9.3.2 NASA Technology Development Structural Tests Related to Use of

Composites on a Future RLV 196

9.3.3 The NASA X-33 Vehicle and Composite Cryotanks 198

9.3.4 Failure of the Composite Cryotank: Microcracking and Other

Causes 201

9.4. Ares I and Ares V Launch Vehicles 206

9.5. Composite Crew Module 212

9.6. Lessons Learned and Future Direction 215

10. Space Materials and Structures 216

10.1. Space Materials Development 216

10.2. Space Structures 217

10.3. Space Environmental Effects 218

10.4. Dimensional Stability of Composites 220

10.5. The Long Duration Exposure Facility (LDEF) 222

10.6. Lessons Learned and Future Direction 227

11. High-Temperature Polymer Technology Developed at NASA Langley 228

11.1. Fiber and Resin Development Timelines 228

1 1 .2. Early Days and the Building of a New Group 230

1 1 .3. Background in High-temperature Polymers 233

1 1 .4. Pursuit of Thermally Stable Polymers at LaRC: The Start 237

1 1.5. Composite Matrix Research: Successes and Failures! The Continuation 241

11.5.1 Linear Thermoplastics 242

1 1 .5.2 Lightly Cross-Linked Thermoplastics 257

1 1.5.3 Heavily Cross-linked Thermosets 260

1 1.6. High Speed Research Program: Resins and Composite Development: The

Fulfillment 264

11.6.1 Introduction and Target Properties 264

1 1 .6.2 Initial Candidates and Screening Protocol 266

1 1.6.3 The Early PETI Candidates: LARC™-PETI-1 and LARC™-PETI-2 ....269

1 1 .6.4 The Candidates: LARC™-PETI-4, LARC™-85 1 5, and LARC™-

PETI-5 271

1 1 .6.5 Fabrication Processes for LARC™-PETI-5 281

11.6.6 HSR Adhesives 284

11.6.7 HSR Databases 287

11.7. Adhesives and Other Applications 288

11.8. Polymer Characterization: 1962-1995 290

1 1 .9. Lessons Learned and Future Direction 298

1 1 .9. 1 Lessons Learned 298

1 1 .9.2 Future Activities 299

12. Composite Fabrication Technology 311

12. 1 . Fabrication Technology Timeline and Overview 3 1 1

12.2. Variables in the Fabrication of High-performance Composites 312


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12.3. Liquid Molding or Resin Infusion Processes for Epoxies 313

1 2.4. Placement Methods for Prepregging Continuous Fiber 313

12.5. Out-of-Autoclave Placement Methods: Robotic Dry Tape/Tow Placement 315

12.6. Powder-Coating[34 64] 321

12.7. Powder-coated Textile Forms1-65'721 325

12.8. Ribbonizing[82' 1 02] 327

12.9. E-beam Curing With Automated Tow Placement1403'1051 33 1

12.10. Induction Heating^8'1 141 334

12.11. Cost Factors in ATP 336

12.12. Miscellaneous Processing Techniques 338

12.13. Resin Infusion Processing of Polyimides 339

12.13.1 Background, Tooling, and Resin Requirements 339

12.13.2 Initial Research 342

12.13.3 New HT-VARTM Resins 342

12.14. Fiber Metal Laminates 346

12.15. Lessons Learned and Future Directions 347

13. Nanotechnology 357

13.1. Nanoreinforced Composites 357

13.2. Nanoreinforced Composites 358

13.3. Boron-nitride Nanotechnology - Recent Advancements 367

13.4. Fesson Feamed and Future Direction 369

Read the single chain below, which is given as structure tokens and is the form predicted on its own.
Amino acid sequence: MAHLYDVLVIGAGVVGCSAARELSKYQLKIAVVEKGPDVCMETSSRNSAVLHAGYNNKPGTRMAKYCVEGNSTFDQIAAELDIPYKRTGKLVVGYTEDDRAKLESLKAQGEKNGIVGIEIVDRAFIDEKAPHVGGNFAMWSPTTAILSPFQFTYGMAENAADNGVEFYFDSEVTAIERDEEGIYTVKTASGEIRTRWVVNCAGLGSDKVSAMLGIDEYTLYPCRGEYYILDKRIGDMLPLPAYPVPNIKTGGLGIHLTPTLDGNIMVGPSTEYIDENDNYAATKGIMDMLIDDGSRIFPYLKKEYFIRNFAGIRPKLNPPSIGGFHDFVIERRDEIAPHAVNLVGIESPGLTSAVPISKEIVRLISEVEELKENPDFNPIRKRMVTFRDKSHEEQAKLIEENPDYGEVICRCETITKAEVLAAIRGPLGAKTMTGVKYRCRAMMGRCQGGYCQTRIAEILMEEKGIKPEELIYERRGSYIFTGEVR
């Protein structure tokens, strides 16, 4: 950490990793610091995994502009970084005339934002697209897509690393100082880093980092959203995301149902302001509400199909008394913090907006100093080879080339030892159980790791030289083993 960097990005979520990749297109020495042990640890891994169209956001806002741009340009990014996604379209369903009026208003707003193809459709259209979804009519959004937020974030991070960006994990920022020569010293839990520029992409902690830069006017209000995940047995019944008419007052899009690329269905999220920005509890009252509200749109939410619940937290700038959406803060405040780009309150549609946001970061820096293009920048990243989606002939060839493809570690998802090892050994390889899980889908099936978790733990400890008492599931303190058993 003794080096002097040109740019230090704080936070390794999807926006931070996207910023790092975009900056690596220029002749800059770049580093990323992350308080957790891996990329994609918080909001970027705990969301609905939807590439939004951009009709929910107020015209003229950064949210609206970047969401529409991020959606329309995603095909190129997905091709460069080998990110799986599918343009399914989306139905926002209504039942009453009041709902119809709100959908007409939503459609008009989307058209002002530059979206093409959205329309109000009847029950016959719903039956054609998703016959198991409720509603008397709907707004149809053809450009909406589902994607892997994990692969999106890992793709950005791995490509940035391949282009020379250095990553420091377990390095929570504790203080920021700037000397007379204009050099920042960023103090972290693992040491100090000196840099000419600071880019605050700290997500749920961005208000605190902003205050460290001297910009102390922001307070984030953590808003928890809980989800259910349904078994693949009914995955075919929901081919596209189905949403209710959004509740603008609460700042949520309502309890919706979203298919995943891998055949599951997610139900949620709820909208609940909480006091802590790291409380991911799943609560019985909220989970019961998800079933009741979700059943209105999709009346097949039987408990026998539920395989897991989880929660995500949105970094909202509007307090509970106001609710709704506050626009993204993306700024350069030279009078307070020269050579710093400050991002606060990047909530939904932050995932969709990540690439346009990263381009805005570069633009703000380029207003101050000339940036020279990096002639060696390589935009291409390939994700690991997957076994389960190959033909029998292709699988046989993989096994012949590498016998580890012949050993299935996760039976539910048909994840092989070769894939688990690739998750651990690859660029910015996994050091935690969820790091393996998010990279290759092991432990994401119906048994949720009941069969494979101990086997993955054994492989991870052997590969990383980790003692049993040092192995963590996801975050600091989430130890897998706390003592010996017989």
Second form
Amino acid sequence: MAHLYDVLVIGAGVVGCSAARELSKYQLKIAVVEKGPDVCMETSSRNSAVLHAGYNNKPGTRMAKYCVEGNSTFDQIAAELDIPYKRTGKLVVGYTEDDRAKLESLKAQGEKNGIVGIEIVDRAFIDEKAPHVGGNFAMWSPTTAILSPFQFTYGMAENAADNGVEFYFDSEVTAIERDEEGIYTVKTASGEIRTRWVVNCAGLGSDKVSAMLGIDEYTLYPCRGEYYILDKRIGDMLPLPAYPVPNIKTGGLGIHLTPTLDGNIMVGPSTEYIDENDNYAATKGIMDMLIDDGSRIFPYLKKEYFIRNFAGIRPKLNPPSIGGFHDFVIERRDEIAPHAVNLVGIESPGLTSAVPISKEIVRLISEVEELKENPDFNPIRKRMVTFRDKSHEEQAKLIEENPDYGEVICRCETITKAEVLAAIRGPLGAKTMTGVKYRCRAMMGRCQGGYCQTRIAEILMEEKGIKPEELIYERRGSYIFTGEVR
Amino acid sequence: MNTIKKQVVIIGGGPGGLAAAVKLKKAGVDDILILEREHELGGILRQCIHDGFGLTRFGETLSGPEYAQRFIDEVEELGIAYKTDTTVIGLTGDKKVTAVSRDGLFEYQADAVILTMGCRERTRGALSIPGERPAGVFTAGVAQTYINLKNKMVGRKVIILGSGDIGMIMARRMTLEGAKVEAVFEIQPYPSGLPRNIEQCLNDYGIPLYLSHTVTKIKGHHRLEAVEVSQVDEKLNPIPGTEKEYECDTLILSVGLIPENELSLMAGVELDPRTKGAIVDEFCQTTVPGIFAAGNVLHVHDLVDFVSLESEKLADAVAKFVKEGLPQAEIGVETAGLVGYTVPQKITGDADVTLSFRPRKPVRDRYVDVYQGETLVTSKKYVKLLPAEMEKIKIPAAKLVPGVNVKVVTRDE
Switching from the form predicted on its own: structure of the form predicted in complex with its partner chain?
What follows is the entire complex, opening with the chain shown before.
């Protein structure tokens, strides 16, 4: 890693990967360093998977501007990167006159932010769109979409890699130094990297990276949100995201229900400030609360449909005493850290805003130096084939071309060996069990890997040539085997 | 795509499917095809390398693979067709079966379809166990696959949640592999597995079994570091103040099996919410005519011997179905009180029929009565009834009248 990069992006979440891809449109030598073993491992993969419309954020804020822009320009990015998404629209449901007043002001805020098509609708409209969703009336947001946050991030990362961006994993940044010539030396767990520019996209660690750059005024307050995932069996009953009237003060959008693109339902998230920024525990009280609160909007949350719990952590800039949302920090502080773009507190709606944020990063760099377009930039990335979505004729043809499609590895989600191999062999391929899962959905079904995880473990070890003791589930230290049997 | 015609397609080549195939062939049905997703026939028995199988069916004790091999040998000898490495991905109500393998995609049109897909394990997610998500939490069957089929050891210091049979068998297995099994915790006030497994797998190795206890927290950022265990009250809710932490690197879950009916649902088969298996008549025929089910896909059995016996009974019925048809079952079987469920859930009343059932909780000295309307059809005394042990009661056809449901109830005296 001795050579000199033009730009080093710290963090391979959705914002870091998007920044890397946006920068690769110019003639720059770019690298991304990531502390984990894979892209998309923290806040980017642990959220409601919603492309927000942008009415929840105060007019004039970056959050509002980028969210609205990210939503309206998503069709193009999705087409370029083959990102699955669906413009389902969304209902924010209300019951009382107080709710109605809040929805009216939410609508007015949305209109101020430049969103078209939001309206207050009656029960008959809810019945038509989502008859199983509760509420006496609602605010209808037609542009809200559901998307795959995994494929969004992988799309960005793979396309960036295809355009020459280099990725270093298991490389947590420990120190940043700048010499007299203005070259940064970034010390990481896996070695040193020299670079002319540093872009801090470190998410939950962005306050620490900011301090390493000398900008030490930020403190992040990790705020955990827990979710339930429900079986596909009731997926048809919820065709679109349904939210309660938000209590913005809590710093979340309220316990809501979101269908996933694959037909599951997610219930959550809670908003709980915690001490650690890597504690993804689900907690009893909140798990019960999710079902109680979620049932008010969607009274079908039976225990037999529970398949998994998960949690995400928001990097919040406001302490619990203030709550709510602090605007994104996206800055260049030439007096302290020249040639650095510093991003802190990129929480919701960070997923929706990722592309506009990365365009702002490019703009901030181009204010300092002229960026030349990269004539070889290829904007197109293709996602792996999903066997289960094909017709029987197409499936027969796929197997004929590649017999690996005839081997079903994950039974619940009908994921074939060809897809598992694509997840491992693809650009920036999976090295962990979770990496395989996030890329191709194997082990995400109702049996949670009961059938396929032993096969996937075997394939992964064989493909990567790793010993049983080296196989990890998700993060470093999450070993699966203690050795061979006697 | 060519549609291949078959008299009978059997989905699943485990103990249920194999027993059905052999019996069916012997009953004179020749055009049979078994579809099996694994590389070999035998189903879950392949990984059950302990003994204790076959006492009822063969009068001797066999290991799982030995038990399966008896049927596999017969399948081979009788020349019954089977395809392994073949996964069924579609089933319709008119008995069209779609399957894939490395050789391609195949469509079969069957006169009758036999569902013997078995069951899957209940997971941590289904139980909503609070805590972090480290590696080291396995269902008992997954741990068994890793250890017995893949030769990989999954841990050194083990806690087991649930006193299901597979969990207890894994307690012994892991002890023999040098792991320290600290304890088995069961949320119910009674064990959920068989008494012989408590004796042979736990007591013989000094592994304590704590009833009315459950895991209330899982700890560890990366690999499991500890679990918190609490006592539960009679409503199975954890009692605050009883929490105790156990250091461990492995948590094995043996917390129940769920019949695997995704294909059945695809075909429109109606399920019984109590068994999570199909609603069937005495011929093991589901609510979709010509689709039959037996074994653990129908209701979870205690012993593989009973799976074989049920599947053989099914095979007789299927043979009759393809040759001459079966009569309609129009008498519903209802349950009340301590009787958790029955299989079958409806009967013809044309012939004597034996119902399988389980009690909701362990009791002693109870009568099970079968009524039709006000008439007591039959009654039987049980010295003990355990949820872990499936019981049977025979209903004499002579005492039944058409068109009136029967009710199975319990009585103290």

14. Non-Destructive Inspection 372

14. 1 . Evolution of Non-Destructive Investigation of Composites 372

14.2. NDE Research at NASA Langley 374

14.2. 1 Development of the Nondestructive Evaluation Science Branch 374

14.2.2 LaRC Contributions to Quantitative NDE 375

14.2.3 Recent NDE Programs 381

14.3. Fessons Fearned and Future Directions 383

15. Damage Tolerance 386

15.1. Understanding Damage Tolerance 386

15.2. Damage Tolerance Research at Langley Research Center 389

15.2.1 Effect of Impact on Compression Strength 389

15.2.2 Role of Resin Modulus; Desired Properties 399

15.3. Delamination Mechanics 401

15.4. Progressive Failure Analyses Methodology 407

15.5. Fessons Learned and Future Directions 407

16. Materials and Structural Mechanics 411

16.1. Historical Perspective of Composite Failure Analyses 411

16.2. Multi-scale Modeling 417

16.3. Buckling and Post-buckling Behavior 419

16.4. Lessons Learned and Future Direction 426

17. Structural Analyses 429

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17.1. F inite Element Methods 429

17.2. Tribute to Dr. James H. Starnes, Jr 433

1 7.3. Lessons Learned and Future Direction 434

18. Grand Challenges in High-Performance Composite Materials and Structures

Technology 437

18.1. Certification by Analyses 437

18.2. Materials by Design: Multi-scale Modeling and Measurements 437

18.3. High-fidelity Failure Prediction: Micro and Nanoscopic Mechanisms 438

18.4. Realize Benefits of Nanocomposites: Multifunctional Materials System 440

18.5. Intelligent Materials and Structures: Larger, More Integrated Structure 442

18.6. Pervasive Composites Knowledge and Learning: Isotropic Plasticity

Thinking 443

18.7. Reliability-based Design 445

18.8. Non-autoclave, Low Pressure Material Systems 446

18.9. Research in the “Google” Age 446

19. About The Authors 448

20. Appendix 451

20. 1 . Appendix 1 . Selected Examples of the Productivity of One of the Premier

Branches Doing Composites Research at NASA Langley, The Advanced Materials and Processing Branch (AMPB) 451

20. 1 . 1 Technical References/Publications/Books 45 1

20. 1 .2 Patents and Invention Disclosures 452

20. 1 .3 Industrial Research R&D- 1 00 Awards 453

20.1.4 Commercial Licensed Patents 454

20. 1 .5 Short Courses 454

20. 1 .6 Gordon Research Conferences (GRC) 455

20. 1.7 NASA Commercial Invention of the Year 455

20. 1 .8 Other Miscellaneous Awards, Activities, and Memberships121 455

20.2. Appendix 2. Selected Reviews/Symposia by AMPB Authors on Polymer

Chemistry, Adhesives and Adhesive Properties, Composites and Composite Properties 456

20.2. 1 Polymer Chemistry 456

20.2.2 Adhesives 458

20.2.3 Composites 459

20.2.4 Polymer Characterization 461